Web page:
Menstrual disorders are a disruptive physical and/or emotional symptoms just before and during menstruation, including heavy bleeding, missed periods and unmanageable mood swings.
Menstruation occurs during the years between puberty and menopause. Menstruation, also called a “period,” is the monthly flow of blood from the uterus through the cervix and out through the vagina.
- The uterus is a pear-shaped organ located between the bladder and lower intestine.
- The cervix is the lower portion of the uterus. It has a narrow opening called the os, which connects to the vagina and allows menstrual blood to flow out of the uterus into the vagina.
- The fallopian tubes connect the uterus and ovaries. Ovaries are egg-producing organs that hold 200,000 – 400,000 follicles (from folliculus, meaning “sack” in Latin). These cellular sacks contain the materials needed to produce ripened eggs, or ova. An egg develops within the follicle.
- The endometrium is the inner lining of the uterus. During pregnancy it thickens and becomes enriched with blood vessels to house and nourish the growing fetus.
- If pregnancy does not occur, the endometrium is shed and a woman starts menstruating. Menstrual flow also consists of blood and mucus from the cervix and vagina.
If one or more of the symptoms you experience before or during your period causes a problem, you may have a menstrual cycle “disorder.” These include:
abnormal uterine bleeding (AUB): which may include heavy menstrual bleeding (menorrhagia), no menstrual bleeding (amenorrhea) or bleeding in between periods (metrorrhagia)
dysmenorrhea: (painful menstrual periods)
premenstrual syndrome (PMS)
premenstrual dysphonic disorder (PMDD).
Hormonal Imbalances. Imbalances in estrogen and progesterone levels can cause heavy bleeding. Hormonal imbalances are common around the time of menarche and menopause.
Ovulation Problems. If ovulation does not occur (anovulation), the body stops producing progesterone, which can cause heavy bleeding.
Uterine Fibroids. Uterine fibroids are a very common cause of heavy and prolonged bleeding.
Uterine Polyps. Uterine polyps (small benign growths) and other structural problems or other abnormalities in the uterus may cause bleeding.
Endometriosis and Adenomyosis. Endometriosis, a condition in which the cells that line the uterus grow outside of the uterus in other areas, such as the ovaries, can cause heavy bleeding. Adenomyosis, a related condition where endometrial tissue develops within the muscle layers of the uterus, can also cause heavy bleeding and menstrual pain.
Medications and Contraceptives. Certain drugs, including anticoagulants and anti-inflammatory medications, can cause heavy bleeding. Problems linked to some birth control methods, such as birth control pills or intrauterine devices (IUDs) can cause bleeding.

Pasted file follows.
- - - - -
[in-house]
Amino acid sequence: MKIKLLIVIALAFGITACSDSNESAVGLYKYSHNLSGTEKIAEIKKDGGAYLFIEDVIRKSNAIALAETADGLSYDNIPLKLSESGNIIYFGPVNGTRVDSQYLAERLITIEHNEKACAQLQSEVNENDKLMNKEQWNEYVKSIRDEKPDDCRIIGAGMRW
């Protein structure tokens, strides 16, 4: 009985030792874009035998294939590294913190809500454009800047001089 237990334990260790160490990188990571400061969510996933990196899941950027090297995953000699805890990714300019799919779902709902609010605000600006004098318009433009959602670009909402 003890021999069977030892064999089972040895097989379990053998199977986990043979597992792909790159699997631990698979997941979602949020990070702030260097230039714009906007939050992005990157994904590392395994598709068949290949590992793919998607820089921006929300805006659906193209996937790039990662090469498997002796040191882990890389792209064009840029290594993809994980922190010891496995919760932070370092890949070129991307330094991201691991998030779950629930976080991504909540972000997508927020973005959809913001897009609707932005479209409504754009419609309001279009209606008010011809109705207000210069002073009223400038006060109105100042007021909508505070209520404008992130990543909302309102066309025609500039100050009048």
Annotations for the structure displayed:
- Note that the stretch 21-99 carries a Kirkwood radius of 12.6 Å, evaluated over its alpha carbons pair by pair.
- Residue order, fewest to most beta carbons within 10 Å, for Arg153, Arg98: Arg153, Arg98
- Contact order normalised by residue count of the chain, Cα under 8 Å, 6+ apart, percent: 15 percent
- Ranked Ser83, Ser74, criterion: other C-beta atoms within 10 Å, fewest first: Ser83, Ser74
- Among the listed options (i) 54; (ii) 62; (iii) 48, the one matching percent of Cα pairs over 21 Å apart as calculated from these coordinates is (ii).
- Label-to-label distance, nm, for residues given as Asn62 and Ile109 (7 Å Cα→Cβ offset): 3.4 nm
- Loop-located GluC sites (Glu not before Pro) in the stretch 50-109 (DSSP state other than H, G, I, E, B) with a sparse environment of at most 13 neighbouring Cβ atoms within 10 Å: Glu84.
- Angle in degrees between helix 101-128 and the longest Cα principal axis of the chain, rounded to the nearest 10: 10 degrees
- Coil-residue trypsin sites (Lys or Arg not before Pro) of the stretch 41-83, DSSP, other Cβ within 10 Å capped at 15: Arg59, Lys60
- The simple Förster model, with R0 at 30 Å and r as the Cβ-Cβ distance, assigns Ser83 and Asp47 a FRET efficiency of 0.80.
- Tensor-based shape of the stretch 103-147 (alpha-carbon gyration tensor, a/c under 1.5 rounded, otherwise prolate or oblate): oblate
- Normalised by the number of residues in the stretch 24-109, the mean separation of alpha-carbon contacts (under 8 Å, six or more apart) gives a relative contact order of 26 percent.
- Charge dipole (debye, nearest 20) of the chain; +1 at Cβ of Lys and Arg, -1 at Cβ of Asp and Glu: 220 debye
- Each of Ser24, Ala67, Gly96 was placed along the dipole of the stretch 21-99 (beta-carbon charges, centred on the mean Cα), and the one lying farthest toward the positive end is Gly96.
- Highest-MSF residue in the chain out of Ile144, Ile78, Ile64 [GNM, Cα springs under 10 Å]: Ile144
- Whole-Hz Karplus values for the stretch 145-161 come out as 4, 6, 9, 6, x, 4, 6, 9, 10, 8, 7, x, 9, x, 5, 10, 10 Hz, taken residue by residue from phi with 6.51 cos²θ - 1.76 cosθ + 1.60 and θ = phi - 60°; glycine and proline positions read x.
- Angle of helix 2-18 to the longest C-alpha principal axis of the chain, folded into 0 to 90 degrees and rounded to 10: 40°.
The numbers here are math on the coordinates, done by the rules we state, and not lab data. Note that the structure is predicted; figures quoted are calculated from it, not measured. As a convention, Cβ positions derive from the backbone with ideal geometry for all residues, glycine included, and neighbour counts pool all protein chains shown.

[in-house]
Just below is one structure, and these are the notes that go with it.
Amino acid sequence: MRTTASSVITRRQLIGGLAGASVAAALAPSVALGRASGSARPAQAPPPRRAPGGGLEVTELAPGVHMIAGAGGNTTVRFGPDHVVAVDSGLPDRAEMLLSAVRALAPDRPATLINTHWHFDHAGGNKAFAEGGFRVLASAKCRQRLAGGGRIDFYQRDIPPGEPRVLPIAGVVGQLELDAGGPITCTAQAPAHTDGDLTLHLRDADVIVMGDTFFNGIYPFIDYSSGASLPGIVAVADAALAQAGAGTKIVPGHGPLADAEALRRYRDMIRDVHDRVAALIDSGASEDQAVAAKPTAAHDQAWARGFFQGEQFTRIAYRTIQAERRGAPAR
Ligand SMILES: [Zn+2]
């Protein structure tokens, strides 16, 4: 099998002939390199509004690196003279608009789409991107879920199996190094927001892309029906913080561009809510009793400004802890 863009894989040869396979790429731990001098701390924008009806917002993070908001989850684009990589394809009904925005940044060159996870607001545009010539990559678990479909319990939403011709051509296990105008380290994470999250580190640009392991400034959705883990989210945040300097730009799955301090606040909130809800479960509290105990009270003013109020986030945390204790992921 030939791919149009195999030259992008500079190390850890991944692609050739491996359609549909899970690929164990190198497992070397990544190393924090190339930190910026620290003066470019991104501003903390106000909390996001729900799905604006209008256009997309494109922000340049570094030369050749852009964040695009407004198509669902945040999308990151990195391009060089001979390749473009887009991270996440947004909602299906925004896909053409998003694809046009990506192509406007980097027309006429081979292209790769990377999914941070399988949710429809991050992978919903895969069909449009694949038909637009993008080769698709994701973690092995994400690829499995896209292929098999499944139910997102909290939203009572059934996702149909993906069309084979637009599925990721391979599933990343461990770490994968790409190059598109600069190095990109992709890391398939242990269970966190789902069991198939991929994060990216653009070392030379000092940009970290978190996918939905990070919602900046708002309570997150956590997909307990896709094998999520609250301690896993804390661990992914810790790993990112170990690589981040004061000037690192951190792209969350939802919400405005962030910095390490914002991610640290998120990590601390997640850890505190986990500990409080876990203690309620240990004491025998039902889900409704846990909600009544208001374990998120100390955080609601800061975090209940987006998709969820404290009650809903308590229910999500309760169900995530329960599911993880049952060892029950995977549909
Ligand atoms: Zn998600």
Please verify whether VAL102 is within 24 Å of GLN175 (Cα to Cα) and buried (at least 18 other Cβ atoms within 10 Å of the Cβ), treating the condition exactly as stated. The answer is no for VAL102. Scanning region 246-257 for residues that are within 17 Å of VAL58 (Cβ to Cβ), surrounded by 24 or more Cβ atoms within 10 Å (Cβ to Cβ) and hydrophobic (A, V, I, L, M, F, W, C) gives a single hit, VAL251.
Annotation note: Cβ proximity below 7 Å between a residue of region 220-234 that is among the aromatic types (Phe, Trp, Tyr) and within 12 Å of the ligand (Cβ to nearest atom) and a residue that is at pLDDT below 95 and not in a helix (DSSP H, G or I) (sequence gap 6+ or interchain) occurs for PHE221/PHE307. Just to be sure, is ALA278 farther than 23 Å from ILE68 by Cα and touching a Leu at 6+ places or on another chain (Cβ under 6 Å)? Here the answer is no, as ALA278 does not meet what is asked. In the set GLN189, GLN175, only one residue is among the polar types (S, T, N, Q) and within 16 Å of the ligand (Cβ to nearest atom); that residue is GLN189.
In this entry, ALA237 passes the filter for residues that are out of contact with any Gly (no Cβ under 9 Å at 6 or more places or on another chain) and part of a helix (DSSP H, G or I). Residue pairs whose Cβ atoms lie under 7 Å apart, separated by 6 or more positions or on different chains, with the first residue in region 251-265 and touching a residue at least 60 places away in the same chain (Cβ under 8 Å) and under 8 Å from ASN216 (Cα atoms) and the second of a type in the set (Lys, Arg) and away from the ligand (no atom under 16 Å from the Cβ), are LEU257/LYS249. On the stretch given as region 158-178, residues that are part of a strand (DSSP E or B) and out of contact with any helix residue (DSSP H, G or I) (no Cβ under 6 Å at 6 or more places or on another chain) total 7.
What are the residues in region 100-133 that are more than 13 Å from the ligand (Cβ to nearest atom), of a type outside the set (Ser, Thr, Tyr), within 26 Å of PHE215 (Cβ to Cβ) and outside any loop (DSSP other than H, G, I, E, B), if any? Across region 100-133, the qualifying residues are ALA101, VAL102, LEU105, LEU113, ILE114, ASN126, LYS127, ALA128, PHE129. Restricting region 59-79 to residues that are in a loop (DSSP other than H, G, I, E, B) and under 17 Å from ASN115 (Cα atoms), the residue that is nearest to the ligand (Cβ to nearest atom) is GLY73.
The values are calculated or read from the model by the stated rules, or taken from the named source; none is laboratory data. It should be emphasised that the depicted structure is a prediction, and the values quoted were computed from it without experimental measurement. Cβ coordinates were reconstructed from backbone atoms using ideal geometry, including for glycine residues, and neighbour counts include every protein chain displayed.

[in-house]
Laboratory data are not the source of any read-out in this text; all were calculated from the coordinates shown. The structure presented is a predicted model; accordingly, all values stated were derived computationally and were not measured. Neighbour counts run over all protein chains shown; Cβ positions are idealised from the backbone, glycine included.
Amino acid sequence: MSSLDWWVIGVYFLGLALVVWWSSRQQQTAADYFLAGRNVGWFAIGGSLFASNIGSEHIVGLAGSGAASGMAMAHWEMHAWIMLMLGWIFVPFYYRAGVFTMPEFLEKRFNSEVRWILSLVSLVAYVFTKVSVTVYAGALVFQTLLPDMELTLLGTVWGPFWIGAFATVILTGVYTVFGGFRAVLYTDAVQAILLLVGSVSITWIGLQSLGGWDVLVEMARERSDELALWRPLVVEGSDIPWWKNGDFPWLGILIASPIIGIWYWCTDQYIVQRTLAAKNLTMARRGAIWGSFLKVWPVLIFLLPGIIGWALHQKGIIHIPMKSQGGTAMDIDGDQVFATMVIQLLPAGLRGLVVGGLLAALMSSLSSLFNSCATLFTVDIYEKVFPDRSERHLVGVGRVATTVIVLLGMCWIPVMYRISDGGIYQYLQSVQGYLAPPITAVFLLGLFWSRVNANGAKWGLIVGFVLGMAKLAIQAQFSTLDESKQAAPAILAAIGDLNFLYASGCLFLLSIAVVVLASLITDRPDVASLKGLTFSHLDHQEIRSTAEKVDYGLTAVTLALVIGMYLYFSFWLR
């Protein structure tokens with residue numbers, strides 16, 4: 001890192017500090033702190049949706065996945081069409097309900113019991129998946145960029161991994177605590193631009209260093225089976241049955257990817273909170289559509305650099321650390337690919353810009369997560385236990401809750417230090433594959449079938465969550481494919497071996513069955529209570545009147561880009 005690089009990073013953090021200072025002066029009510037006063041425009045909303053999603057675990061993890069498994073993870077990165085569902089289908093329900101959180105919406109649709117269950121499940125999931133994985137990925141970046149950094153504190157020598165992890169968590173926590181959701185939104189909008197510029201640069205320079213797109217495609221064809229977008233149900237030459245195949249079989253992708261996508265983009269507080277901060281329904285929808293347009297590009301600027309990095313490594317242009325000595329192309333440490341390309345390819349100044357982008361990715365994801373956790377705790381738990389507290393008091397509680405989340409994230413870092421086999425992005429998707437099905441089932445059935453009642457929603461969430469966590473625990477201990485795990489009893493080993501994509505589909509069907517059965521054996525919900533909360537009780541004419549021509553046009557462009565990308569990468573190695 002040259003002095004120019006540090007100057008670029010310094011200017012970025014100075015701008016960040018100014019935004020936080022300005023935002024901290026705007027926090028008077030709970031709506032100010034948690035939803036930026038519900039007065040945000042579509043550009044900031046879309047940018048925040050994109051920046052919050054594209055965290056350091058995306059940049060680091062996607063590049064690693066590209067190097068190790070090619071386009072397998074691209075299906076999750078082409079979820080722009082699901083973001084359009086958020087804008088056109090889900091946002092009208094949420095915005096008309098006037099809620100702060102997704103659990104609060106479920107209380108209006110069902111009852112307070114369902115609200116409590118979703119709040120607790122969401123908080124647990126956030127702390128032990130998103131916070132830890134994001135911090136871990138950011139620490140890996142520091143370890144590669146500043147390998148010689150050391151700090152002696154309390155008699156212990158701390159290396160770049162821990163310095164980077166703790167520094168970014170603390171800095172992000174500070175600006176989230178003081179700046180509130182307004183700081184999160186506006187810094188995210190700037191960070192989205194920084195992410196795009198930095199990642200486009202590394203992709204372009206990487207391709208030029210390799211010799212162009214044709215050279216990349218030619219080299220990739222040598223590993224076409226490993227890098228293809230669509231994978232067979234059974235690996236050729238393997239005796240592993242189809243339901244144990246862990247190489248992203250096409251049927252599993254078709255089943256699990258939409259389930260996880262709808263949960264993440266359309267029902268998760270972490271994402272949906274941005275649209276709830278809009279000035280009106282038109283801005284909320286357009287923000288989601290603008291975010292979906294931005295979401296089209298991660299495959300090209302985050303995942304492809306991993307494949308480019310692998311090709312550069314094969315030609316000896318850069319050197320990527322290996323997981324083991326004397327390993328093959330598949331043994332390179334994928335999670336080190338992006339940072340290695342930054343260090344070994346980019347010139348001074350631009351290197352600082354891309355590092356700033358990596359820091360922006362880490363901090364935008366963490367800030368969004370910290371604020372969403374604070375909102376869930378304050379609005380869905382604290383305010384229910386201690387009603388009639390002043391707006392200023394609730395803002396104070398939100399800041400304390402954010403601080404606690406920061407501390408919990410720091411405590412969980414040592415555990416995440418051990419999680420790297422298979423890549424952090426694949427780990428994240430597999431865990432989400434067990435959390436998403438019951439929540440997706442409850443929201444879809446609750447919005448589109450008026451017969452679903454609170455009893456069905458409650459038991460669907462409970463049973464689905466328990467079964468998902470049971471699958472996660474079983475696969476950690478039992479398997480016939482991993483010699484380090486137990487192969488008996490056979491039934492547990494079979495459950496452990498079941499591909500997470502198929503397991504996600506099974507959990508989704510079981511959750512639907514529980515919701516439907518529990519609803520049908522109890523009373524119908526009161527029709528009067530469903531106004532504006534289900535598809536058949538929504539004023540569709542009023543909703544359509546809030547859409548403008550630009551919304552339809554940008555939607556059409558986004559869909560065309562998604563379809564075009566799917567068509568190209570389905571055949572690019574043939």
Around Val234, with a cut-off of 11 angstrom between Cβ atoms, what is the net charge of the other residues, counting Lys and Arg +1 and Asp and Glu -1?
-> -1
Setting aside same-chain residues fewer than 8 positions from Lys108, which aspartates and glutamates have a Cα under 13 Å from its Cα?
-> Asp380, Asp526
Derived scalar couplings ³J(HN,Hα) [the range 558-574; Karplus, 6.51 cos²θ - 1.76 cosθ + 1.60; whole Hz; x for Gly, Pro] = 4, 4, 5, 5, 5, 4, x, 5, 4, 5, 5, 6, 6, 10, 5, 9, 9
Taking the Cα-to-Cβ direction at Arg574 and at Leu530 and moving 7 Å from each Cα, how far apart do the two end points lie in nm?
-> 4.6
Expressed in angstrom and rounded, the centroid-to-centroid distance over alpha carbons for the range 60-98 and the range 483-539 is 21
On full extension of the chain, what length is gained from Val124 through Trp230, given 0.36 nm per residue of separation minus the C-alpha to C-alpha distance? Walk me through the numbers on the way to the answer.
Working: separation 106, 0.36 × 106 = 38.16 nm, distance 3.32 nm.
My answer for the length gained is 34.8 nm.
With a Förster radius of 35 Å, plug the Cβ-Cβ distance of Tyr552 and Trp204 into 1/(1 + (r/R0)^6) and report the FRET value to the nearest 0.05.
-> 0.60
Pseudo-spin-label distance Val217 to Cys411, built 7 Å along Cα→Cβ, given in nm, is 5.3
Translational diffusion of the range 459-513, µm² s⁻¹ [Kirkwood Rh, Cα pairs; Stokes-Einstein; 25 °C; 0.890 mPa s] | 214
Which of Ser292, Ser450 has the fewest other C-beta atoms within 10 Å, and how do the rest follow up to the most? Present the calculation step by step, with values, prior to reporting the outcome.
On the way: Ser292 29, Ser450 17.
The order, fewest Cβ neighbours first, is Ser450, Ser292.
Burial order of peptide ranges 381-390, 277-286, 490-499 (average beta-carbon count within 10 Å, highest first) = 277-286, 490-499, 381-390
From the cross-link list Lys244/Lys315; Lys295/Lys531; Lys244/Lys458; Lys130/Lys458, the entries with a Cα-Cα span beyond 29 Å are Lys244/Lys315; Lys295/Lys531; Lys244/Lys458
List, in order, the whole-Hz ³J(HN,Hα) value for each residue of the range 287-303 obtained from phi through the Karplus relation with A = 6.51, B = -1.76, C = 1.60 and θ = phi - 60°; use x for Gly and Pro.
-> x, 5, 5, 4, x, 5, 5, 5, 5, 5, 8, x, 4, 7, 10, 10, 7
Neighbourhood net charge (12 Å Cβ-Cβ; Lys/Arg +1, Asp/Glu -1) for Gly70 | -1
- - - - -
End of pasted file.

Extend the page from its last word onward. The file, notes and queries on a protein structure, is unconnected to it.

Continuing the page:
Bleeding Disorders. Bleeding disorders that stop blood from clotting can cause heavy menstrual bleeding. Most of these disorders have a genetic basis. Von Willebrand disease is the most common of these bleeding disorders.
Cancer. Rarely, uterine, ovarian, and cervical cancer can cause excessive bleeding.
Infection. Infection of the uterus or cervix can cause bleeding.
Pregnancy or Miscarriage.
Other Medical Conditions. Systemic lupus erythematosus, diabetes, pelvic inflammatory disorder, cirrhosis, and thyroid disorders can cause heavy bleeding.
Age plays a key role in menstrual disorders. Girls who start menstruating at age 11 or younger are at higher risk for severe pain, longer periods, and longer menstrual cycles. Adolescents may develop amenorrhea before their ovulation cycles become regular.
Women who are approaching menopause (perimenopause) may also skip periods. Occasional episodes of heavy bleeding are also common as women approach menopause.
Other risk factors include:
Weight. Being either excessively overweight or underweight can increase the risk for dysmenorrhea and amenorrhea.
Menstrual Cycles and Flow. Longer and heavier menstrual cycles are definitely associated with painful cramps.
Pregnancy History. Women who have had a higher number of pregnancies are at increased risk for menorrhagia. Women who have never given birth have a higher risk of dysmenorrhea, while women who first gave birth at a young age are at lower risk.
Smoking. Smoking can increase the risk for heavier periods.
Stress. Physical and emotional stress may block the release of luteinizing hormone, causing temporary amenorrhea.
Menorrhagia is the most common cause of anemia (reduction in red blood cells) in premenopausal women. A blood loss of more than 80mL (around three tablespoons) per menstrual cycle can eventually lead to anemia. Most cases of anemia are mild. Nevertheless, even mild anemia can reduce oxygen transport in the blood, causing fatigue and a diminished physical capacity. Moderate-to-severe anemia can cause shortness of breath, rapid heart rate, lightheadedness, headaches, ringing in the ears (tinnitus), irritability, pale skin, restless legs syndrome, and mental confusion. Heart problems can occur in prolonged and severe anemia that is not treated.
Amenorrhea caused by reduced estrogen levels is linked to osteopenia (loss of bone density) and osteoporosis (more severe bone loss that increases fracture risk). Conditions that are associated with low estrogen levels include eating disorders, pituitary tumors, and premature ovarian failure. Because bone growth is at its peak in adolescence and young adulthood, losing bone density at that time is very dangerous, and early diagnosis and treatment is essential for long-term health.
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